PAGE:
Tokensummit 2017 through the eyes of a non-developer
After three consecutive days at Consensus, it was time to get ready for the next conference of the week: Tokensummit 2017. The timing couldn’t have been better as both events were held in the same week. Many attendees of Consensus could just stay longer in New York and attend both.
On the evening before the start of Tokensummit 2017, a pre-event was organised where Max Kordek and myself attended. This event facilitated meetings with the speakers and organizers. Although the location of the pre-event was quite fancy, the audience of Tokensummit was clearly more informal and less corporate than what we had seen during Consensus.
Next morning, the sunny weather had been replaced by rain while we were heading towards the auditorium of the New York University. The first edition of Tokensummit was clearly sold-out. Rumour was that tickets were sold way above normal price and that people without ticket gathered at the Starbucks around the corner, organizing their own mini-conference.
Tokensummit was mostly about panel discussions featuring over 40 experts and 15 sessions interrupted by short breaks and lunch. The Blockchain experts elaborated on topics such as business models, legal and governance, Initial Coin Offerings (ICO), token funds, and future predictions.
Emphasis on Blockchain use cases
Organizer and venture capitalist William Mougayar kicked off by saying that the focus of Tokensummit would be on the businesses behind cryptocurrencies. Co-organizer Nick Tomaino (Runa Capital, The Control) added that token valuation is the main interest of traders outside the Blockchain space but that most people attending Tokensummit are aiming to benefit from long-term success of the industry. However, a small question round revealed that nearly everybody in the audience held cryptocurrencies, but only a few held them for their utility or use cases.
Talks on ICOs
According to panellist Brian Lio (Smith + Crown), the amount raised during ICOs in 2017 has already outperformed 2016, including seed and Series A venture funding. Alex Sunnarborg (CoinDesk) added that currently every single crypto project in the top 100 has a valuation of over $10M, which is remarkable. In contrast to ICOs, receiving traditional seed and Series A funding is quite difficult as it requires start-ups to display traction and revenue streams.
With ICOs as new funding mechanism, more projects have access to money while the public has more opportunities to participate in projects with great potential. However, the comparison with traditional VC funding is not completely valid. Sid Kalla (Smith + Crown) pointed out that the differentiating factor of using Blockchain technology also asks for a different way of funding. He said that those projects generally need an ICO just for distribution.
For most projects, the broad distribution of their tokens is a necessity for the network to succeed. Those projects wouldn’t even consider giving VCs a substantial number of tokens in return for funding. Although I agree with his reasoning, fair distribution is unfortunately not always the case. Driven by massive ROI, we see a trend where more and more venture capitalists want a piece of that pie. Most (private) ICO participants simply don’t have the financial power to pay for high transaction fees to compete with huge investors.
The result is that many (smaller) investors are excluded and a broad distribution fails. One solution could be a capped amount one person can invest, which raises other challenges to tackle such as people using multiple wallets at a time and conflicts with private investor deals.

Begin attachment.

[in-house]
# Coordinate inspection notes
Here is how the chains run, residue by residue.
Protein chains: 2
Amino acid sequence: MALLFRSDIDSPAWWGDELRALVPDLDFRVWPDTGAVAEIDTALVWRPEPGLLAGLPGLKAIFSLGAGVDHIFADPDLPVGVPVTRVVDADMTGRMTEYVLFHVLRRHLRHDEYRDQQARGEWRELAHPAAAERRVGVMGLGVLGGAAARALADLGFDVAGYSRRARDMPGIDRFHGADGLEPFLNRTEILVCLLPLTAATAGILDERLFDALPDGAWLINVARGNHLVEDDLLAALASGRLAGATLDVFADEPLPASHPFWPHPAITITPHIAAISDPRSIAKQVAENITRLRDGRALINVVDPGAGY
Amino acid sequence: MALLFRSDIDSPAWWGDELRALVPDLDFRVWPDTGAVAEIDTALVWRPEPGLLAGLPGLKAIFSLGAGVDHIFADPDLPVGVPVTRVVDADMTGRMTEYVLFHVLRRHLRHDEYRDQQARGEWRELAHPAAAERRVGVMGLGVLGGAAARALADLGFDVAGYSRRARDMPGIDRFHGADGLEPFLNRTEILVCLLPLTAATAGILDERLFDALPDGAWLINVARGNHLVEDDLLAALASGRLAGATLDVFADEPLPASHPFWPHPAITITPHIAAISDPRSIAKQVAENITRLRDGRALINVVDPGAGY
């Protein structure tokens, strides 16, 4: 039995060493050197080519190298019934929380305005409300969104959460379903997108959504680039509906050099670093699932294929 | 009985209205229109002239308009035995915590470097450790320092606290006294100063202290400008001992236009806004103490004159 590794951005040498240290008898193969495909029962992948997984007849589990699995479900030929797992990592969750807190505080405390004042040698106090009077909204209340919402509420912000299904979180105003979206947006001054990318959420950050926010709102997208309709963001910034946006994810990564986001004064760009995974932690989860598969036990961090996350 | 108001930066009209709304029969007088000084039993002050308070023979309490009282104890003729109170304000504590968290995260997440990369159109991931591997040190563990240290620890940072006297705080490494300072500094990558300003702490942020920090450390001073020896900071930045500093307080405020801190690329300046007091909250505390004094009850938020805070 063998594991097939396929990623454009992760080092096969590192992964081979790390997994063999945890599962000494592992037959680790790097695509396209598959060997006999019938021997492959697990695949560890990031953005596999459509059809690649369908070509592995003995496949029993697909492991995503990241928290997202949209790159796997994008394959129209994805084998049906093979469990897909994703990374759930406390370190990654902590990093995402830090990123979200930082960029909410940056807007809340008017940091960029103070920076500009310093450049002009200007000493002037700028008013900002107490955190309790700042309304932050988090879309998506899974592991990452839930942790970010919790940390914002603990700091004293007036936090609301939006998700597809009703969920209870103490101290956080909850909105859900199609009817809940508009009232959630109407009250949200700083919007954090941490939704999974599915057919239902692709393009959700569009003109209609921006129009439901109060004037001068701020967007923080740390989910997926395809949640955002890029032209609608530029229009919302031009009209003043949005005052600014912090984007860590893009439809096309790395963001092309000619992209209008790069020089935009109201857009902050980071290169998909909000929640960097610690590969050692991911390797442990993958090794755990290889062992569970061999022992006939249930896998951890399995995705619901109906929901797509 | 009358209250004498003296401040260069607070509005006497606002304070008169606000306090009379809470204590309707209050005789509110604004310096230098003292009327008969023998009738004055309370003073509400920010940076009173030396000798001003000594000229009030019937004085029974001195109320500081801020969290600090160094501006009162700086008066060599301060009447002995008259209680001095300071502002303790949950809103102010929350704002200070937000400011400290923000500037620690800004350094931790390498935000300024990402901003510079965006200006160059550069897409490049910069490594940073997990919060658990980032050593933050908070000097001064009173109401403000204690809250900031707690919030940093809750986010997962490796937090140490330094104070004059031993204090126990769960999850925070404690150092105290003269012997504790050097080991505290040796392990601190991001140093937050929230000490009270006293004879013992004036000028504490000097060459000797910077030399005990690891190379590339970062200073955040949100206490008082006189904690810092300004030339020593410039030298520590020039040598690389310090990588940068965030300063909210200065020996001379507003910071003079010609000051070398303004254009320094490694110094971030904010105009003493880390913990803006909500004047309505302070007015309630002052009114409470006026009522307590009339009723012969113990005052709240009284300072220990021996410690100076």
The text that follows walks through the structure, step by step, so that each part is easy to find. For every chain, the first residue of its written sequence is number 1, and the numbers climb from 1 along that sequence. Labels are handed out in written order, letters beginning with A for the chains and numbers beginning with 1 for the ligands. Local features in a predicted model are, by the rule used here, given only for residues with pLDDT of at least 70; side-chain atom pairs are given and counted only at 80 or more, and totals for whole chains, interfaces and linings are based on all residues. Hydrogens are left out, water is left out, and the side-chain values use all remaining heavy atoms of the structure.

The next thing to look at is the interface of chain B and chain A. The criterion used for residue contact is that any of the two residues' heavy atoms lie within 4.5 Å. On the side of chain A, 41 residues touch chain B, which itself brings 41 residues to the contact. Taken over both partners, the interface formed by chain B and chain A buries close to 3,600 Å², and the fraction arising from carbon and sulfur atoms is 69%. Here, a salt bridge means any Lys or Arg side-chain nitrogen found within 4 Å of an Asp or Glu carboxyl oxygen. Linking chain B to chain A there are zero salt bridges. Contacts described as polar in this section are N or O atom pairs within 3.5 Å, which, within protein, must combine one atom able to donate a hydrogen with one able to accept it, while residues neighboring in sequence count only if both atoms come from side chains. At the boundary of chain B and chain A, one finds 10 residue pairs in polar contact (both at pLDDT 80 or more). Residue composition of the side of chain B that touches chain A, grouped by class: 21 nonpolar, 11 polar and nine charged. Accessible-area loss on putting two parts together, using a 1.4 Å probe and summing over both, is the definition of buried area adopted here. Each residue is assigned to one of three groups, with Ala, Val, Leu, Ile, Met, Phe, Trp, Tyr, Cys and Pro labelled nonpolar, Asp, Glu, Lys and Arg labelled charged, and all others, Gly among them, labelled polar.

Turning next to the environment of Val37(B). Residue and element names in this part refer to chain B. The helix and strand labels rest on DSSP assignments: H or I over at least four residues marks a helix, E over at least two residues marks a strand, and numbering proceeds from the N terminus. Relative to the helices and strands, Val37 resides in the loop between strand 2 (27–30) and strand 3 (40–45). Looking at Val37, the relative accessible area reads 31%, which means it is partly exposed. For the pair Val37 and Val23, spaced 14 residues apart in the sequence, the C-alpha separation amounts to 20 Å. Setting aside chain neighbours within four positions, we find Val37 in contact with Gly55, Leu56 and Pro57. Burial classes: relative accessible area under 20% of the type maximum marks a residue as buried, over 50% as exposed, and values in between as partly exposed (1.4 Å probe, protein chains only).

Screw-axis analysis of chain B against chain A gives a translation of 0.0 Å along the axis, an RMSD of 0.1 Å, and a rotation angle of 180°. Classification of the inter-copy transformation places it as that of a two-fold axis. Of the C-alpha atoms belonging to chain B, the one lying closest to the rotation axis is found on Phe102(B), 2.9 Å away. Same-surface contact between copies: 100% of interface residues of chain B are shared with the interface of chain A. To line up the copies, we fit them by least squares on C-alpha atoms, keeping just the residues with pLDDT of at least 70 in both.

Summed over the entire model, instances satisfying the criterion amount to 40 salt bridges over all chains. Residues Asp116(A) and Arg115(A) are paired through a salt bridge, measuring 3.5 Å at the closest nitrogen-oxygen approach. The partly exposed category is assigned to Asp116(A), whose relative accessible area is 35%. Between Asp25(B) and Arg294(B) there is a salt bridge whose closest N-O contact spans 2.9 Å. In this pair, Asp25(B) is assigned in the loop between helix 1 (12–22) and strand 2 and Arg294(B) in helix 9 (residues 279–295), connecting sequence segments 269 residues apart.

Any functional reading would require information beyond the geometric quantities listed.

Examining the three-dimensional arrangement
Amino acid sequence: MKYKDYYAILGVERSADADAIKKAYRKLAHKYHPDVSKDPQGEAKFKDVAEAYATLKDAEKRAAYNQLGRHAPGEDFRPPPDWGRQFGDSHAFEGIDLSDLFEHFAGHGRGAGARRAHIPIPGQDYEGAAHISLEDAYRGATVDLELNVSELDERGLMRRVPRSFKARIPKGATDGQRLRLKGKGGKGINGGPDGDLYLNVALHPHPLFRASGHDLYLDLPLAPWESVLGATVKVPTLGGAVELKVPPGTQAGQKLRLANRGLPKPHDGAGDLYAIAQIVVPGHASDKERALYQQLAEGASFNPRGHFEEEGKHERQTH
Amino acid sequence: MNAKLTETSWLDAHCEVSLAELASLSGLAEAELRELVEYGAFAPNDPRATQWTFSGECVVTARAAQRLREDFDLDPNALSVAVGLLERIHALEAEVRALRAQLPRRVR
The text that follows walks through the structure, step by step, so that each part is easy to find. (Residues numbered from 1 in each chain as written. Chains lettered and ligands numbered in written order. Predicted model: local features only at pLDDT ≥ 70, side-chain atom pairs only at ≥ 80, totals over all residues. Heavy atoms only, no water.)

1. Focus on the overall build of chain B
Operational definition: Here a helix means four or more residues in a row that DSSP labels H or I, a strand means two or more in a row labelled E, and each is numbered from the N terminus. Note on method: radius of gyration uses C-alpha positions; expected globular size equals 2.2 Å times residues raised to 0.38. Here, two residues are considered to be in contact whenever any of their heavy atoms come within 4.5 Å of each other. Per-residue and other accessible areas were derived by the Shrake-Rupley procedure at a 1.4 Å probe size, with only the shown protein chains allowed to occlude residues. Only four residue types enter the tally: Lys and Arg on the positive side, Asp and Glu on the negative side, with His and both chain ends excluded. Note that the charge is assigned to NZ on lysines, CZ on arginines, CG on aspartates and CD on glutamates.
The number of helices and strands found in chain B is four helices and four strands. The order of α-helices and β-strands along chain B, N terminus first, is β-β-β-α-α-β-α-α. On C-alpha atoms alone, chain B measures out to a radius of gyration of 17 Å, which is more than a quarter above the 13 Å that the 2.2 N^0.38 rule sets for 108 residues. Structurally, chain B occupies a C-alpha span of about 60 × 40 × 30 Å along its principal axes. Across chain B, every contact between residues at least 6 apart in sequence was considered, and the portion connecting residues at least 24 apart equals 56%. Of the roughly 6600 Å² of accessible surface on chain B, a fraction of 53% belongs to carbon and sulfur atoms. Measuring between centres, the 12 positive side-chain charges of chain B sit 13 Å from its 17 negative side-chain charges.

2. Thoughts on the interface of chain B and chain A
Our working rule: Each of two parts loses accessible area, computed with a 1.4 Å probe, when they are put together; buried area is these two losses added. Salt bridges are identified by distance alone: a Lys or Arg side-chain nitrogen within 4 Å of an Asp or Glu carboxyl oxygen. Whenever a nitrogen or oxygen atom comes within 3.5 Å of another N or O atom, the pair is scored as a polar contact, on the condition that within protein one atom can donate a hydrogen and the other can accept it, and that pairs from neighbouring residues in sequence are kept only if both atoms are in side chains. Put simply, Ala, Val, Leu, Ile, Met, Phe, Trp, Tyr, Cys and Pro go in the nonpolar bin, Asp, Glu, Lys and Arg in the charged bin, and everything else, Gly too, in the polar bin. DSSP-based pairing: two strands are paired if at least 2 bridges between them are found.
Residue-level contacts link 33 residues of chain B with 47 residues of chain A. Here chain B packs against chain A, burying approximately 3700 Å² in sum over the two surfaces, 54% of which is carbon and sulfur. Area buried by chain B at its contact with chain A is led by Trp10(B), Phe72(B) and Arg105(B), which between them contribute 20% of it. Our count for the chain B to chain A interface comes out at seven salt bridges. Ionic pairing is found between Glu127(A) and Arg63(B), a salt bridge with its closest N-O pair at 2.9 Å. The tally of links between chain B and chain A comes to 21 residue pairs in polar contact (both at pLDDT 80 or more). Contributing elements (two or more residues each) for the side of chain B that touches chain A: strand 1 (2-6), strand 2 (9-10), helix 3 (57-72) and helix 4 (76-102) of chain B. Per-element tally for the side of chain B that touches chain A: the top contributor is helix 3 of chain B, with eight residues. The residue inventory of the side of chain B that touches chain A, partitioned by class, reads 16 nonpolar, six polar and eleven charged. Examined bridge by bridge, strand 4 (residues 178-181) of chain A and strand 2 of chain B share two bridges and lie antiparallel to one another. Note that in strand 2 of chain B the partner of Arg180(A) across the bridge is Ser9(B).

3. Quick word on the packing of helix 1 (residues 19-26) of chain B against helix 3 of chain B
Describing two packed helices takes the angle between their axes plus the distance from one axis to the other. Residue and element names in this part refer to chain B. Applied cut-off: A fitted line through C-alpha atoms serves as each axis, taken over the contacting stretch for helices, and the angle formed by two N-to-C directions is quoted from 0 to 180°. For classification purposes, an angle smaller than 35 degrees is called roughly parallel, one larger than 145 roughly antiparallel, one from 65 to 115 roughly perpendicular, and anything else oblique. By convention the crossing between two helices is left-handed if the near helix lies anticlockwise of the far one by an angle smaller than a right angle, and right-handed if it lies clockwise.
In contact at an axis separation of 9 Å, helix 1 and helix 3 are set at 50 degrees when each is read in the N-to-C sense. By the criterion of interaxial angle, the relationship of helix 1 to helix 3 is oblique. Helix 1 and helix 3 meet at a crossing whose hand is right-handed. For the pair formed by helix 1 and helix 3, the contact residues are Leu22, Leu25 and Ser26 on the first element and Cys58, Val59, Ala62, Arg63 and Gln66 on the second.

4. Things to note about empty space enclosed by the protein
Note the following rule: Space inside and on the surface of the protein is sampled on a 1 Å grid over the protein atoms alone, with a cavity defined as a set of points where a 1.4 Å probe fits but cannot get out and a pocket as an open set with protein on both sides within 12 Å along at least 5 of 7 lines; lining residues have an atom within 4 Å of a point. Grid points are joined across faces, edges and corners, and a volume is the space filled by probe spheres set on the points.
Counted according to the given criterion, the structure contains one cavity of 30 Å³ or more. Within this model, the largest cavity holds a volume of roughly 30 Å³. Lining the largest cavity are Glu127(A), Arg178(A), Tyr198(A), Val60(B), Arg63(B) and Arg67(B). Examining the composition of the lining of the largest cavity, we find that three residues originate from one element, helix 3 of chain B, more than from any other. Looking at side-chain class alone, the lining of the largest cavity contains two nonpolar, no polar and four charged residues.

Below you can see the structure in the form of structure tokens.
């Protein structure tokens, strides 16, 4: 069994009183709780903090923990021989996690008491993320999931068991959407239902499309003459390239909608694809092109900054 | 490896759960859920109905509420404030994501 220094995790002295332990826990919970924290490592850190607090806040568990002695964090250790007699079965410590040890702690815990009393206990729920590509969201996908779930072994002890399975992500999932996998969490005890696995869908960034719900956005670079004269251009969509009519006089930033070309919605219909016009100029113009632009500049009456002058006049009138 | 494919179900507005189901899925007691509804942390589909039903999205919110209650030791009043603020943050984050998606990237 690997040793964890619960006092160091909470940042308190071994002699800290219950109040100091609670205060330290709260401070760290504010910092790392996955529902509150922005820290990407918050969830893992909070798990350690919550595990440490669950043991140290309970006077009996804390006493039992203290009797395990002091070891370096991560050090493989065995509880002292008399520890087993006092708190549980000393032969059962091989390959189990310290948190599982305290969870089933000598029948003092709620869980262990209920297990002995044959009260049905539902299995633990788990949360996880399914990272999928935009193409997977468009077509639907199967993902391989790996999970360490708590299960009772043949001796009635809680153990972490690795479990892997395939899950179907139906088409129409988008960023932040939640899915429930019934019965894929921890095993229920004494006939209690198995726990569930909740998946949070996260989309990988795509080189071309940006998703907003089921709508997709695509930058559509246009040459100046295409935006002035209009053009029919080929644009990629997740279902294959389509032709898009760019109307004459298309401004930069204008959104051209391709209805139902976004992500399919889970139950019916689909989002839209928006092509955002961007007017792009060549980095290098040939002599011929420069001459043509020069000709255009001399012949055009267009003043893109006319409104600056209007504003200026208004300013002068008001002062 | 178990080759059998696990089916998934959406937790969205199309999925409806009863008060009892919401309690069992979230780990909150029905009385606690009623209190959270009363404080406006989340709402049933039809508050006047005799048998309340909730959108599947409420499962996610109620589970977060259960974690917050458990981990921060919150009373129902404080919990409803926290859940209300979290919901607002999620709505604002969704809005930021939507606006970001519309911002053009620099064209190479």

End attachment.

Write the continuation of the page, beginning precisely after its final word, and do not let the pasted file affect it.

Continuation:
Spread over two sessions, several well-known projects such as Aragon pitched their concepts. Others took the opportunity to campaign for their upcoming ICO, including Civic, Tezos, and 0x project. Interesting fact is that Tezos, like Lisk, is running a delegated proof-of-stake consensus.
The big announcement of the day came from outside the Blockchain space. Chat application Kik with over 300 million users revealed their plans to launch a custom token. This is a great example of how tech companies can utilize Blockchain technology and accelerate the adoption of this technology by the public.
Towards the end, fireside chats were held to recap and reflect. Nick Tomaino and William Mougayar went into debate with respectively Brian Armstrong (Coinbase) and Fred Wilson (Union Square Ventures). Wilson made clear that ICOs are not just a way of initially funding a company, but that the token is also the native monetization model of the business.
He added that if a project is doing well, the utility value of the network goes up and as a result, the token value would rise. In other words, start-ups might give away a lot of their tokens in return for initial funding, but the small number of tokens they keep should increase substantially in value over time, incentivising the founders to make the project a success. For Lisk, this is definitely the case. The future potential of the Lisk project makes us sell Bitcoins to finance operations rather than LSK tokens. Wilson concluded:
“It doesn’t feel right to spend something that is going up in value.”
Although the day was long and intense, most were still filled with energy and inspiration to continue exchanging thoughts after the event in a bar close by. Our stay abroad gave us great new insights and inspiration to continue building on the Lisk project. For me personally, both conferences contributed to my steep learning curve since I entered the Blockchain space.
Once more, it became clear to me that Blockchain technology has great potential. Together with the rest of Lisk, it is my task to accelerate the adoption of Blockchain technology by providing the right tools and support to enable developers to create stunning Blockchain applications that soon will provide value for millions of people across the globe.